Distortions also present themselves in the composition of oil supply in those Cushing stockpiles. A growing portion of the oil in Cushing storage is not WTI. Cushing has become a way station for oil from Canada, particularly those unconventional sources, tar sands, that produce heavy crude. So WTI prices no longer represent just the very best quality crude to which lesser crudes are discounted. Moreover, Cushing oil stocks only amount to about 35 million barrels out of the c.300 million total U.S. stocks as of November 2008. In terms of quality and quantity, WTI no longer faithfully depicts the world oil market. It doesn’t even faithfully depict the U.S. market: There are other kinds of light, sweet crudes used in other parts of the country, but NYMEX chose to focus on WTI oil stored at Cushing, Oklahoma and sent to the American Midwest market. WTI most accurately portrays local supply and demand conditions in the Midwest.

Is it time to stop obsessing over WTI and move on to Brent as a proxy for the world oil market? Brent is the second most transparent market, with high derivatives trade volume. 2/3 of the world’s traded oil is benchmarked to Brent prices. Historically, Brent has traded at an average discount of $1.48 per barrel to WTI between 1987 and 2009, but the tables have turned: Brent is more and more often finding itself at the top of the oil market totem pole (Chart 2). Between May 1986 and February 2009, 73% of the days that Brent fetched a higher price than WTI occurred after 2000, 40% in just the past two years. The standard deviation in the WTI-Brent price spread has increased in the past 8 years from $1.45 in 1986-2009 to $2.06 in 2000-2009. On February 12, 2009, Brent saw its highest premium ever of $10.58/barrel (closing price) over WTI, though it did hit an intraday high of $11.56/barrel on January 15, 2009.

BUT… Brent has issues of its own as an oil marker: It, too, can give a distorted view of the global oil market as local factors overshadow global factors. Brent production has fallen to a few hundred thousand barrels a day. The strength of Brent prices may be reflecting its increasing scarcity, not necessarily the global supply and demand balance. Diesel is, after all, becoming the fuel of choice for the world outside the U.S.. However, Brent doesn’t have a monopoly on diesel compounds – refiners are increasing capacity to refine sour crude.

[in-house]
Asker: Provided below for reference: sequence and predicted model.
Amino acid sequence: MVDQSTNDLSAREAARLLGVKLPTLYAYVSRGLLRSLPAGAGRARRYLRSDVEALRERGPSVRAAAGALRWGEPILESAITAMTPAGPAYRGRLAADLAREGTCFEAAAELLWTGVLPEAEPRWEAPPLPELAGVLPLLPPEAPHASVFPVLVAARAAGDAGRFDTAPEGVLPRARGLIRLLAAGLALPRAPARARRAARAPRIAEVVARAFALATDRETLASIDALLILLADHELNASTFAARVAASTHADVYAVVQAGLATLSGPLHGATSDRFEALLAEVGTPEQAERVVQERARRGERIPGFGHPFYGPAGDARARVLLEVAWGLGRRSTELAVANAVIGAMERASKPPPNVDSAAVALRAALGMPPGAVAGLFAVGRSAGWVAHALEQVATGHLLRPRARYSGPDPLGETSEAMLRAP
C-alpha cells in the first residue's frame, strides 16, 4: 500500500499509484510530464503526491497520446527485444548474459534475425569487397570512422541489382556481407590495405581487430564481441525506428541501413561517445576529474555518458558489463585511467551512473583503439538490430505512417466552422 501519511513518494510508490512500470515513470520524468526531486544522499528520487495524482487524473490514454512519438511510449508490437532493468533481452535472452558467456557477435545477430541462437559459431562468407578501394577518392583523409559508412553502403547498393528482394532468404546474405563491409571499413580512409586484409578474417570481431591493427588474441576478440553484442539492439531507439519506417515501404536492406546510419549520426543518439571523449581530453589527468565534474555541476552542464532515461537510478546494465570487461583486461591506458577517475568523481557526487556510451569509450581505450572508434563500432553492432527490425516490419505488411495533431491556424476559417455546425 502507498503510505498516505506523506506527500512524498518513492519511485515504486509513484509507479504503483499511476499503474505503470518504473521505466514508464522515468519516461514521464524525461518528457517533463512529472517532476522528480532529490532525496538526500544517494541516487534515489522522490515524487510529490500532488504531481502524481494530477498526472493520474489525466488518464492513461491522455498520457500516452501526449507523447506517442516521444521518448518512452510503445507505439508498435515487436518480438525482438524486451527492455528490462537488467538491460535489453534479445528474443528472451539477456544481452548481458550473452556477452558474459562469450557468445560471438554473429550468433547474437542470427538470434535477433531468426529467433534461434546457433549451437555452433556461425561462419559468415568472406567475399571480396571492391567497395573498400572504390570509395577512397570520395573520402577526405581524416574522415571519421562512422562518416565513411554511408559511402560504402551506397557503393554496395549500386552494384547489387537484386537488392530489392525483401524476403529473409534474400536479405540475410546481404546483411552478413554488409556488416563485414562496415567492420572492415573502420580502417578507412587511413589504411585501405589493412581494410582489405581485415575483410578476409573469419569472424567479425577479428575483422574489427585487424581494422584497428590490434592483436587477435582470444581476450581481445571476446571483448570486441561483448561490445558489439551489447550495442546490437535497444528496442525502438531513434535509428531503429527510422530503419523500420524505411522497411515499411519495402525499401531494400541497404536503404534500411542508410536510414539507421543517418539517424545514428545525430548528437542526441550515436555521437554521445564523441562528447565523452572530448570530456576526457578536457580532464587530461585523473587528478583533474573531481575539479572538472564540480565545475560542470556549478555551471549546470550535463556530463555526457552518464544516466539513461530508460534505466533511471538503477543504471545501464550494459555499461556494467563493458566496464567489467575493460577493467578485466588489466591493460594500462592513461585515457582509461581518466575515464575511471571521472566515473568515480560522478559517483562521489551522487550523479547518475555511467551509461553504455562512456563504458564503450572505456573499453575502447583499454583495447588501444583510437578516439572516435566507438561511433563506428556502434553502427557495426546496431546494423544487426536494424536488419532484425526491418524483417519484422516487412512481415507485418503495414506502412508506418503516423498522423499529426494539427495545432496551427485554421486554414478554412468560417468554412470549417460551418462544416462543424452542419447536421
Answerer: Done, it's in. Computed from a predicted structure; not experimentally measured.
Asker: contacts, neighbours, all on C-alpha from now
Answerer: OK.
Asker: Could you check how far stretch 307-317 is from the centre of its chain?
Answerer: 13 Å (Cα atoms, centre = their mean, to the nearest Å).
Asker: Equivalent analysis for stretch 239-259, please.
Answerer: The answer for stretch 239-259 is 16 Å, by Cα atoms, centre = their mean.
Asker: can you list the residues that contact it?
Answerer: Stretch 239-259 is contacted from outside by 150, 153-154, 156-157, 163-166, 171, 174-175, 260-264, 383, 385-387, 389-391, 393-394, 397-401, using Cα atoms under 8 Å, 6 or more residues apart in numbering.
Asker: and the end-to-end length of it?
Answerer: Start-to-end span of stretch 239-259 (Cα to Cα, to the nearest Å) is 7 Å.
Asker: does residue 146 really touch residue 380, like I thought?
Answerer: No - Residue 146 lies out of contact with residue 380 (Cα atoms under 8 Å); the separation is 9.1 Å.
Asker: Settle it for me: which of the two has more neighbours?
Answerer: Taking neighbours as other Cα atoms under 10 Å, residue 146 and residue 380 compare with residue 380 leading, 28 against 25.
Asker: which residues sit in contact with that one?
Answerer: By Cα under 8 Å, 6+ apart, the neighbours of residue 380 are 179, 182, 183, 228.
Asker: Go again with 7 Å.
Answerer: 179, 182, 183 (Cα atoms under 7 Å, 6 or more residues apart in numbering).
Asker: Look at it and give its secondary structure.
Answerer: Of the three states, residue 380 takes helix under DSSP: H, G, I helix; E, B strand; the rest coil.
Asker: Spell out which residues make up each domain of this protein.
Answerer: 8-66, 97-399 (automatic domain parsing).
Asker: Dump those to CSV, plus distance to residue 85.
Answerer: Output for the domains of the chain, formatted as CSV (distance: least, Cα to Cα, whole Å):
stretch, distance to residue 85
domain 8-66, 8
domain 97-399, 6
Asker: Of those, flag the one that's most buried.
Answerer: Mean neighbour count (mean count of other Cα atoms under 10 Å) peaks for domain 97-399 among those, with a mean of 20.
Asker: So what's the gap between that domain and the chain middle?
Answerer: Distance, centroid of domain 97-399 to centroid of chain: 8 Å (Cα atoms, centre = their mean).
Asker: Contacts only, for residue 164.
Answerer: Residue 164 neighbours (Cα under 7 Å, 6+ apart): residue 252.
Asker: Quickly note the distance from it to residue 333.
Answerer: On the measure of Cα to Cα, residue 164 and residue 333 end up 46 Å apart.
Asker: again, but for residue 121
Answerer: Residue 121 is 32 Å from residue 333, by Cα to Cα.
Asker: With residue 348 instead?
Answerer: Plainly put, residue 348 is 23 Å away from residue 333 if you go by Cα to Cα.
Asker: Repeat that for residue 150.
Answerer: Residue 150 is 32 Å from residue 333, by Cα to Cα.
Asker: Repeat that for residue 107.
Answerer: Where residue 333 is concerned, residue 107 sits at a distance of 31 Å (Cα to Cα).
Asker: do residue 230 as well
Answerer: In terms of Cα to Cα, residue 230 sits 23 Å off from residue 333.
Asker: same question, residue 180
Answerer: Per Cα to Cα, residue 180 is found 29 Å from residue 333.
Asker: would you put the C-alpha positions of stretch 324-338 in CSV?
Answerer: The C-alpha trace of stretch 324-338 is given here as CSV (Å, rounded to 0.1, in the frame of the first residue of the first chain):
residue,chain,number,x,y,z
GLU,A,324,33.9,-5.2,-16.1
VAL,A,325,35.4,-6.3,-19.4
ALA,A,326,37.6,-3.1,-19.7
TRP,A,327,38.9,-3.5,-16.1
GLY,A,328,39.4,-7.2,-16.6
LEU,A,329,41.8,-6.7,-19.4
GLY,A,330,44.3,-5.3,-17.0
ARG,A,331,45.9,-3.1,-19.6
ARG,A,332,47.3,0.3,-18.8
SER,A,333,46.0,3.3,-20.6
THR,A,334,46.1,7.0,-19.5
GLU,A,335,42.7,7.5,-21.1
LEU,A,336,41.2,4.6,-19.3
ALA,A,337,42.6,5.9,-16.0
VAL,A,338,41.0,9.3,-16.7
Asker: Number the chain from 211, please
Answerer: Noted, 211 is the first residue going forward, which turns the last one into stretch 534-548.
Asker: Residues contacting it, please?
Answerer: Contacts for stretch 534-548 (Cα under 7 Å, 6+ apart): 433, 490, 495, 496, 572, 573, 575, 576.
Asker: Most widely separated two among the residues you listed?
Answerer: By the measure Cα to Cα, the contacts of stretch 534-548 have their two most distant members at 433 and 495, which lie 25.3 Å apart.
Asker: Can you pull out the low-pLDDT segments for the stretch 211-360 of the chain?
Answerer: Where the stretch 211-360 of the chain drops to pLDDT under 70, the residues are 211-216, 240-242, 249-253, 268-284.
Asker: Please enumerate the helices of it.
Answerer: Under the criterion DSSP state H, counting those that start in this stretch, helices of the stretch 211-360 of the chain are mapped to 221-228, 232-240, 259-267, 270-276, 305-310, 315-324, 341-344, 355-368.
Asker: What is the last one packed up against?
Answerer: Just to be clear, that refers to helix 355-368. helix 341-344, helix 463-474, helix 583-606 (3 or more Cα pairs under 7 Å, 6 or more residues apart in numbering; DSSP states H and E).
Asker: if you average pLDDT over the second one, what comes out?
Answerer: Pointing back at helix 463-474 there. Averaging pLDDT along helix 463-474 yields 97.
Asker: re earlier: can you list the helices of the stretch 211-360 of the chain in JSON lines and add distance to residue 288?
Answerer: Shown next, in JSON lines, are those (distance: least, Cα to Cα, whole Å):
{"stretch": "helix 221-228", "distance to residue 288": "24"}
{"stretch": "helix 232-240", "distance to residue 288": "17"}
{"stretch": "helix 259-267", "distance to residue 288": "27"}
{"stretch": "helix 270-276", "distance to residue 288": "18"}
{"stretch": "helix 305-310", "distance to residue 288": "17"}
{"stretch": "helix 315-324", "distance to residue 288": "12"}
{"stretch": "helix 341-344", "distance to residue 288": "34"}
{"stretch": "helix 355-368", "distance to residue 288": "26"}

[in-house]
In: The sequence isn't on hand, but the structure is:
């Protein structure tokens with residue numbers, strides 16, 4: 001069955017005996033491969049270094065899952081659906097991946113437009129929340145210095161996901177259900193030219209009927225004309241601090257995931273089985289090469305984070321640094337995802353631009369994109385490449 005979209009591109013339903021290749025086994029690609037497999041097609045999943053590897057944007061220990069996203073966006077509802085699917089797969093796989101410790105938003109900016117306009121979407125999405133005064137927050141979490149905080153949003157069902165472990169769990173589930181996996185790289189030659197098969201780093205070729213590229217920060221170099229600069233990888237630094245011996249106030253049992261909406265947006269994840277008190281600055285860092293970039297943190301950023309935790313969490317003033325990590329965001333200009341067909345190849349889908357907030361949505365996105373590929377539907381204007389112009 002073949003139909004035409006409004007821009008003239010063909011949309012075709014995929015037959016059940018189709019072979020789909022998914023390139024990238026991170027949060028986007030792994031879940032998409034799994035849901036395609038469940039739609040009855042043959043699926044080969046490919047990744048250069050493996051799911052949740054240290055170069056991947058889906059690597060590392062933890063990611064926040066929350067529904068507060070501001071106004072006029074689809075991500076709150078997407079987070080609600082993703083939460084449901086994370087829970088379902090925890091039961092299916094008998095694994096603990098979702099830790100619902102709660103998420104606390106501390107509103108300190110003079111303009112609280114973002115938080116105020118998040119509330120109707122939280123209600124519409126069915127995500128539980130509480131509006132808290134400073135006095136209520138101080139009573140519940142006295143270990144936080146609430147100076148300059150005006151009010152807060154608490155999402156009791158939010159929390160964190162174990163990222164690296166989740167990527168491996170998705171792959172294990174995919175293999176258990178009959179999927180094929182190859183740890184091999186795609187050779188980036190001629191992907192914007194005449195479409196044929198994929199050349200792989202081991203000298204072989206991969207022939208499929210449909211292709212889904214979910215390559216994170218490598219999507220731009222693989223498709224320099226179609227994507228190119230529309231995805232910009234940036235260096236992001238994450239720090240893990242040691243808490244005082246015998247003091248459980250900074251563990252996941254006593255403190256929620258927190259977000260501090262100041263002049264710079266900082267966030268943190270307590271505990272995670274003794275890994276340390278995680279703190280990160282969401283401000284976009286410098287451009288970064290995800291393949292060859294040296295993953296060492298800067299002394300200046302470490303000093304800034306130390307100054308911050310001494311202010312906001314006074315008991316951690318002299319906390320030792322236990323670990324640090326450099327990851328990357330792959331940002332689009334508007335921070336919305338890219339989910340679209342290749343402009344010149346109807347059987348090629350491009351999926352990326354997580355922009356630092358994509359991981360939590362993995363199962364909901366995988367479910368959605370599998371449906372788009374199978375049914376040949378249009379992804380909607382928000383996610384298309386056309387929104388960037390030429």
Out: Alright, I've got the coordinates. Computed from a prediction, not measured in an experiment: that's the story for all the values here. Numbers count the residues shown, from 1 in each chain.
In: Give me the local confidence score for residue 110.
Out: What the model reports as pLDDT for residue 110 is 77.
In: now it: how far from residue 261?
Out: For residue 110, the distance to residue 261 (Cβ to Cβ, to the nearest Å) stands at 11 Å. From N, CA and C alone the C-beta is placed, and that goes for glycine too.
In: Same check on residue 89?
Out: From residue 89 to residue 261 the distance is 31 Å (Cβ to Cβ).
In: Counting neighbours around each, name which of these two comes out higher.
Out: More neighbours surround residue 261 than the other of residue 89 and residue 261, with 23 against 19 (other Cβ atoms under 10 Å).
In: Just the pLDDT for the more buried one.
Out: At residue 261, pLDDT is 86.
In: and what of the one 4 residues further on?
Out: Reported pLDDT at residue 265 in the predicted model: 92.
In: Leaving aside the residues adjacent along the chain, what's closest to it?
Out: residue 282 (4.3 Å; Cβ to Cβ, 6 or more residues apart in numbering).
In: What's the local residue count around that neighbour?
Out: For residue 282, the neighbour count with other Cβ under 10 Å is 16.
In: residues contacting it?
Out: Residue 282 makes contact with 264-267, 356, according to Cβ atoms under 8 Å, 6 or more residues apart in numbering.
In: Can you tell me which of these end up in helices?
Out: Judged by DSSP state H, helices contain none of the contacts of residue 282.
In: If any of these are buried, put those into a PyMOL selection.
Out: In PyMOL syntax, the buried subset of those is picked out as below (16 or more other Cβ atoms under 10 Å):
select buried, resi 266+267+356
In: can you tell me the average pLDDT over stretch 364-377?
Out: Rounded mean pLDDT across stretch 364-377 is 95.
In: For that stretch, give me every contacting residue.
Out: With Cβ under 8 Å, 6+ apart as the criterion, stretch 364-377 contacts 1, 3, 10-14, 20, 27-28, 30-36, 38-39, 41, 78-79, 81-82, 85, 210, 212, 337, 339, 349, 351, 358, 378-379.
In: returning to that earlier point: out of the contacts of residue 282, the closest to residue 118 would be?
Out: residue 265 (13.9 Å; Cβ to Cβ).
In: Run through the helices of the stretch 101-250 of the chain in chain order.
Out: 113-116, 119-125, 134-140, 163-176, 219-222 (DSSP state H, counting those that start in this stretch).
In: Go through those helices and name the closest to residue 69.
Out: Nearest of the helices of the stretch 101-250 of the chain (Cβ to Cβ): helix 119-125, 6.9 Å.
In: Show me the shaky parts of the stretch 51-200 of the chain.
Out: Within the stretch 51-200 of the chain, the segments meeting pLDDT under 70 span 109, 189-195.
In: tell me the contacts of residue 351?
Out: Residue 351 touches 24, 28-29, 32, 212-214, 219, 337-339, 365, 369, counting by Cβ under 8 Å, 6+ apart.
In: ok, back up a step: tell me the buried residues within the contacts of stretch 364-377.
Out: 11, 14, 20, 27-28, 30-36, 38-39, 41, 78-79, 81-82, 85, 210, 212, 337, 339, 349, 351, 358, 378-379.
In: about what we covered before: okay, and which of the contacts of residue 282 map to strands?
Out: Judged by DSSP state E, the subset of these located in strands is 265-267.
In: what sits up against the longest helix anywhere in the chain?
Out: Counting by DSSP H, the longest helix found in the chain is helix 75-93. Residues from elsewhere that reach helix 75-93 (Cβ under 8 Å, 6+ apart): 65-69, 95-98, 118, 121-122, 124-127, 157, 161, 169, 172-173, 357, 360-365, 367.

If it weren’t for their inefficient price discovery, sour crudes destined for Asia would be a more accurate indicator of world oil market dynamics. China is the second largest oil importer behind the USA and accounts for nearly 10% of global oil consumption. China – and emerging markets in general – drive most of world oil demand growth and what kind of crude do they buy most? Sour crude. Asia just opened complex refineries that can process those hard-to-crack crudes (pun intended) and plans to build more. The rise in demand for sour crude, along with OPEC production cuts, pushed Dubai crude prices higher than Brent for the first time ever on January 6, 2009. Not only is sour crude seeing more demand growth, it also outstrips light, sweet crude in production growth. Most of the world’s remaining oil supply is sour or heavy, so its share in world oil production is likely to increase as light, sweet crudes go extinct. Until we can cast a wide, real-time net on sour crude prices however, we’ll have to settle for WTI as a shortcut to world oil market conditions.